2. is warm and woolly, and does not cause resentment, but has great variability in its effectiveness. Done well, with humour and pizzazz, it could be very effective indeed, but somehow you don't associate local authorities with humour or pizzazz in any form, and so the likely outcome is poor.

3. is probably quite effective overall, and there is a significant financial advantage in that those who do not comply will provide significant revenue in the form of fines. However, there are two big disadvantages: a lot of energy and ingenuity will go into circumventing the scheme (such as putting your rubbish in other people's bins after dark) which will need investigation and enforcement action, both of which cost money, and the general public are mightily pissed off by yet another threat of fines or worse if they don't do as their masters tell them, leading to a further deterioration in the relationship between rulers and ruled.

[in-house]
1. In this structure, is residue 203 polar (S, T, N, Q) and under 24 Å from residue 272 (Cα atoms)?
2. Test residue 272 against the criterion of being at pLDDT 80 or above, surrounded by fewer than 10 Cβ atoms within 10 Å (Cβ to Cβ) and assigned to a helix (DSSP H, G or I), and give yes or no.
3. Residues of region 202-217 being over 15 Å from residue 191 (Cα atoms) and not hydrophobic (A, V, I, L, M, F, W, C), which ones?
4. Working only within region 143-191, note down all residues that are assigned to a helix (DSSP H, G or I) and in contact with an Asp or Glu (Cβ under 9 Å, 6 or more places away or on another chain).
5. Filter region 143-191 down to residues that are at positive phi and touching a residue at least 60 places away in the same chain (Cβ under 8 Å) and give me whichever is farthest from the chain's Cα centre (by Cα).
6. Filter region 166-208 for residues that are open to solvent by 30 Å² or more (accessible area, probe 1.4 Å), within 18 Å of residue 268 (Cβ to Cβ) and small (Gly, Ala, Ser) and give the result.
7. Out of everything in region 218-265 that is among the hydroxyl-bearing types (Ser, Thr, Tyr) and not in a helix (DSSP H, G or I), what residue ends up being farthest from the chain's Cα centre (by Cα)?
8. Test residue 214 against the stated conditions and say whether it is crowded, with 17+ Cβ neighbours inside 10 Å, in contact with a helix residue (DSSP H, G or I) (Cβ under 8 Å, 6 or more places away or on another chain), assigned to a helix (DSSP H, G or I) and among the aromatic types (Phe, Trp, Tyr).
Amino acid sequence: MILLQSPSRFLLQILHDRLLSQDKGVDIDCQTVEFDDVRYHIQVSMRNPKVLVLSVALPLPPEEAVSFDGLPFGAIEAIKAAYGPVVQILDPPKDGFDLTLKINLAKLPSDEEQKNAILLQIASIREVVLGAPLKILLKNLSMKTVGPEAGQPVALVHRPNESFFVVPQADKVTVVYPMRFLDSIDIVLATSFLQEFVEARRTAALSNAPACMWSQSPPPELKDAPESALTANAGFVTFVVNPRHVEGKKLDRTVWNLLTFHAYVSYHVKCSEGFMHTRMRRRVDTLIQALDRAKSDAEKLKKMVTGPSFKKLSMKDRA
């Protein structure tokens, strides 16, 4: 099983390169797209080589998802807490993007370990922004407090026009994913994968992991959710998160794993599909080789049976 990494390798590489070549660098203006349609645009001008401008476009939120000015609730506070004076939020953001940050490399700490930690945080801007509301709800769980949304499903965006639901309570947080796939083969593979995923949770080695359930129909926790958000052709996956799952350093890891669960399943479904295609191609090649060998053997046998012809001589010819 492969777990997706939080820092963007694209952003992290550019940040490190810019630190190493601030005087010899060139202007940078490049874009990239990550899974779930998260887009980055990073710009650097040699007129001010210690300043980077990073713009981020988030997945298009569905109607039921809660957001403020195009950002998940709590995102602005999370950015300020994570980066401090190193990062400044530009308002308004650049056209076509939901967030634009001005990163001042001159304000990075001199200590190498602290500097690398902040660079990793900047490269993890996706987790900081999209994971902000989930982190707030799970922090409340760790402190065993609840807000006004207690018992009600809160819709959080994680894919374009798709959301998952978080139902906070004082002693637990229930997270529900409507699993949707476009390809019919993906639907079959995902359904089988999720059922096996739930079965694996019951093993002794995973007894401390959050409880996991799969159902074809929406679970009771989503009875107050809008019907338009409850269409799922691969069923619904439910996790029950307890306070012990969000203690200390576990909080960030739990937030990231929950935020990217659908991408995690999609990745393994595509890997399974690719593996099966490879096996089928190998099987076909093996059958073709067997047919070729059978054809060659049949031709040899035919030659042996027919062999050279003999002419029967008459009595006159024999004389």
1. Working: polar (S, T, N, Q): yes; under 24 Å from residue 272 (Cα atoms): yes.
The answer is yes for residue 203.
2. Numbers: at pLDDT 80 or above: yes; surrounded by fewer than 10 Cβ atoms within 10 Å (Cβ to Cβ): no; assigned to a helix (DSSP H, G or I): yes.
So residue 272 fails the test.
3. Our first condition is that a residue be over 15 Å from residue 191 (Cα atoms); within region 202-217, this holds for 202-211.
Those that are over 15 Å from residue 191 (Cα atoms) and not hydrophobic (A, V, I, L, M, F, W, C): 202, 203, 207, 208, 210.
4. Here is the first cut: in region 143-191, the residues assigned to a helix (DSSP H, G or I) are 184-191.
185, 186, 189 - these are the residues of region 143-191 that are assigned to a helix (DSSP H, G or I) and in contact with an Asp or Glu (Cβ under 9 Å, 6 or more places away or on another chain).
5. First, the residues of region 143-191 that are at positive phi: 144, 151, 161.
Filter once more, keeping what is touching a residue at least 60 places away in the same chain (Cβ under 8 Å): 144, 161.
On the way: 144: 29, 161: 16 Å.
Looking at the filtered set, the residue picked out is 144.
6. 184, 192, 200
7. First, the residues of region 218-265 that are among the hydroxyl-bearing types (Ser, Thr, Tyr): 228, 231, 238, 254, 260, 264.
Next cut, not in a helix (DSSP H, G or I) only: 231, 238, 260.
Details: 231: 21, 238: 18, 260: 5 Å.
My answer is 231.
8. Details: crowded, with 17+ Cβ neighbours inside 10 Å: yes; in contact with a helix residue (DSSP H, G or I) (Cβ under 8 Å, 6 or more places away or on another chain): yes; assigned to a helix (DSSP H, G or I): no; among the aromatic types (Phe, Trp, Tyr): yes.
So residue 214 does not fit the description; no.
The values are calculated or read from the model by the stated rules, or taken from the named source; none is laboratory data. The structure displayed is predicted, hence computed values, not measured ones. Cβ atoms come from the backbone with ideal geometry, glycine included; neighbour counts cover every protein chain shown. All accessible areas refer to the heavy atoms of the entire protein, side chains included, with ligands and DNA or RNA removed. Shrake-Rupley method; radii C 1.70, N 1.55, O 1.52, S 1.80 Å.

Any common-sense approach would surely combine 1 and 2, with 3 as a last resort if the others fail (and a better way cannot be found). But what has gone wrong in the last 13 years is that 3 is the only way anyone can think of getting anything done.

People harming themselves by smoking? Ban it.
People following an activity you don't approve of? Ban it.
People not recycling enough? Fine them.

And so we come to the greatest achievement of 13 years of Labour government. Since Tony Blair took office in the heady days of 1997, the government has created 4,300 new offences.